– There are, indeed, some upsides to the economic depression we’re going through – there’ll be less of those young, cocky broker types with their brain-dead girlfriends sitting next to them driving their gas-belching, brain-rattling Hummers through the streets; we’ll be rid, too, of a lot of those tapas restaurants, with their fancy $16.50 small-plate, three-sardines-on-a-piece-of-lettuce rip-offs -- six of these minuscule dishes only whets Mr. Gripes’ appetite for that Stromboli torpedo-bomb across the street; there’ll be less of those gargantuan McMansion monstrosities erected, after beautiful, tasteful 150-year-old residences have been razed to the ground by too-rich-too-soon dunderheads, whose idea of classic architecture can be loosely summed up as ‘Staten-Island Mafioso’; there’ll be less of those incredibly expensive, vacuous, all-special-effects extravaganzas, of which some coke-crazed producer doesn’t blink at overruns in the hundreds of millions of dollars; there’ll be far fewer over-the-hill , barely ambulatory actors like Harrison Ford receiving $15 million for some celluloid garbage destined to go straight to DVD 10 days after release, and there’ll be a lot less execrable ‘contemporary’ art [remember that exhibit in a Brooklyn museum featuring a picture made with elephant dung?] being auctioned off at $30 or $40 million a pop. Thank God for a respite from all the insanity.

Among all these gaudy playthings destined to disappear into the ether, I reserve my greatest joy for the inevitable diminution in the number of professed wine connoisseurs. It’s certainly true that Mr. Gripes enjoys a nice glass of wine just like everyone else, and he can distinguish a pleasant-tasting wine from one that is not. But that’s it. All the pseudo-sophisticated chatter about the characteristics of a good Zinfandel or the finer points of a Chardonnay leaves Mr. Gripes totally unawed. Besides, I could care less if wild boar only goes with some sparkling Riesling, or a Ruffino Chianti is the only wine to accompany that well-done leg of wildebeest. Mr. Gripes bridles at all the rigid rules around oenology; they smack of stern, oppressive ideology -- dare I say it, communism. But Mr. Gripes’ biggest wine gripe is with the critics. They are responsible for some of the most overwritten, over-the-top, incomprehensible paragraphs I’ve ever encountered, and Mr. Gripes reads across the spectrum. Any writer worth his salt understands intuitively good writing means paring down and paring down: clarity is your ultimate goal. That’s not the case with wine critics – Consider a couple of wine reviews I’ve read recently:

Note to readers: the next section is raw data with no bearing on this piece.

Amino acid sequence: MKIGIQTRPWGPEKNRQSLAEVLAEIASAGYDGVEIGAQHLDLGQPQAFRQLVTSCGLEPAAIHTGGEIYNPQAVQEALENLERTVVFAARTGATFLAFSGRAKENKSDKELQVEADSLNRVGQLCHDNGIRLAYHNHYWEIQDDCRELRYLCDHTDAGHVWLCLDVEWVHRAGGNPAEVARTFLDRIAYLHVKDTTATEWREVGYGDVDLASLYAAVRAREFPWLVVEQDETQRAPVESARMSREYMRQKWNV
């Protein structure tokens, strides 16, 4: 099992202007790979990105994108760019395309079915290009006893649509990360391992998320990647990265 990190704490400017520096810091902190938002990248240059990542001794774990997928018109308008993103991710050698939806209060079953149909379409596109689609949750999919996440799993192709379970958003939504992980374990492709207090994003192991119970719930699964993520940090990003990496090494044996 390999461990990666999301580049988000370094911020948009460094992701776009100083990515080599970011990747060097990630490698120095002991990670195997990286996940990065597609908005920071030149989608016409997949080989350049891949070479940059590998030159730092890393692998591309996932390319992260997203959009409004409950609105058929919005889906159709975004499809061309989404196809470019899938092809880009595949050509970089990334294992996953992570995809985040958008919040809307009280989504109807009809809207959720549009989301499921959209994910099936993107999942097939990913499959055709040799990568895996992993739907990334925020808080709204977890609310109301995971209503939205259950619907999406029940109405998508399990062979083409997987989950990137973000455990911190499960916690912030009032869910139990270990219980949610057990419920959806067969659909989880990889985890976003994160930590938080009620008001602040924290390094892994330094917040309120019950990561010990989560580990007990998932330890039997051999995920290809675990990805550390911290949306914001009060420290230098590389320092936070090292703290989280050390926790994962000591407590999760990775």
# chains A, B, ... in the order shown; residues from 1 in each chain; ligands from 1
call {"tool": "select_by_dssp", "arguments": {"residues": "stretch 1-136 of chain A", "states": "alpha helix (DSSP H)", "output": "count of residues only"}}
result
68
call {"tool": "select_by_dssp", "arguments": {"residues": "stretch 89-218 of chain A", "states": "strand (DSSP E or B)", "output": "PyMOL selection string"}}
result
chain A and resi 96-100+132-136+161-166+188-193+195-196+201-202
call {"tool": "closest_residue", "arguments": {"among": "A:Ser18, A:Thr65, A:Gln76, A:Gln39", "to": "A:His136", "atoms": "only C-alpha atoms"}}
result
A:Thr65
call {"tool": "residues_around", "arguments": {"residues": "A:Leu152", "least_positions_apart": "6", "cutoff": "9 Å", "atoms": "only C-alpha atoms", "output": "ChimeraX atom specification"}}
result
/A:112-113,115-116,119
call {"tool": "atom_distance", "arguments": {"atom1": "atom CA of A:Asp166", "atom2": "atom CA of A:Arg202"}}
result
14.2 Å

For a Rued Chardonnay: ‘Golden color. Heady, slightly reduced foxy aromas mingled with bitter honey. With air, the foxiness blows off, and the honey starts to take over. Deep kernel of peach preserves, pear, tangerine. Highly mineral with wet stone-like minerality. Tremendous persistence on the finish, just gaining richness and intensity with air.’

‘Foxy aromas’? The ‘foxiness blows off…?’ What the hell is this all about? We’re talking about fermented grape juice, not some knock-out dame, mink stole dangling from her bare shoulders, smoking Camels at the bar. Or, ‘Highly mineral with wet stone-like minerality.’ Words without meaning. Pure gibberish. Get over yourself, guy. Maybe three people on Earth have any idea what you’re talking about. Or, ‘tremendous persistence on the finish.’ Are you talking about a wine or Mine That Bird’s miraculous dash at the Derby a week ago?

One more example:
A Malbec: ‘Rich Color, with a lovely nose of purple fruits. Nicely rich taste, with blackberries, earth, chocolate and some basil and sage. Round and complete.’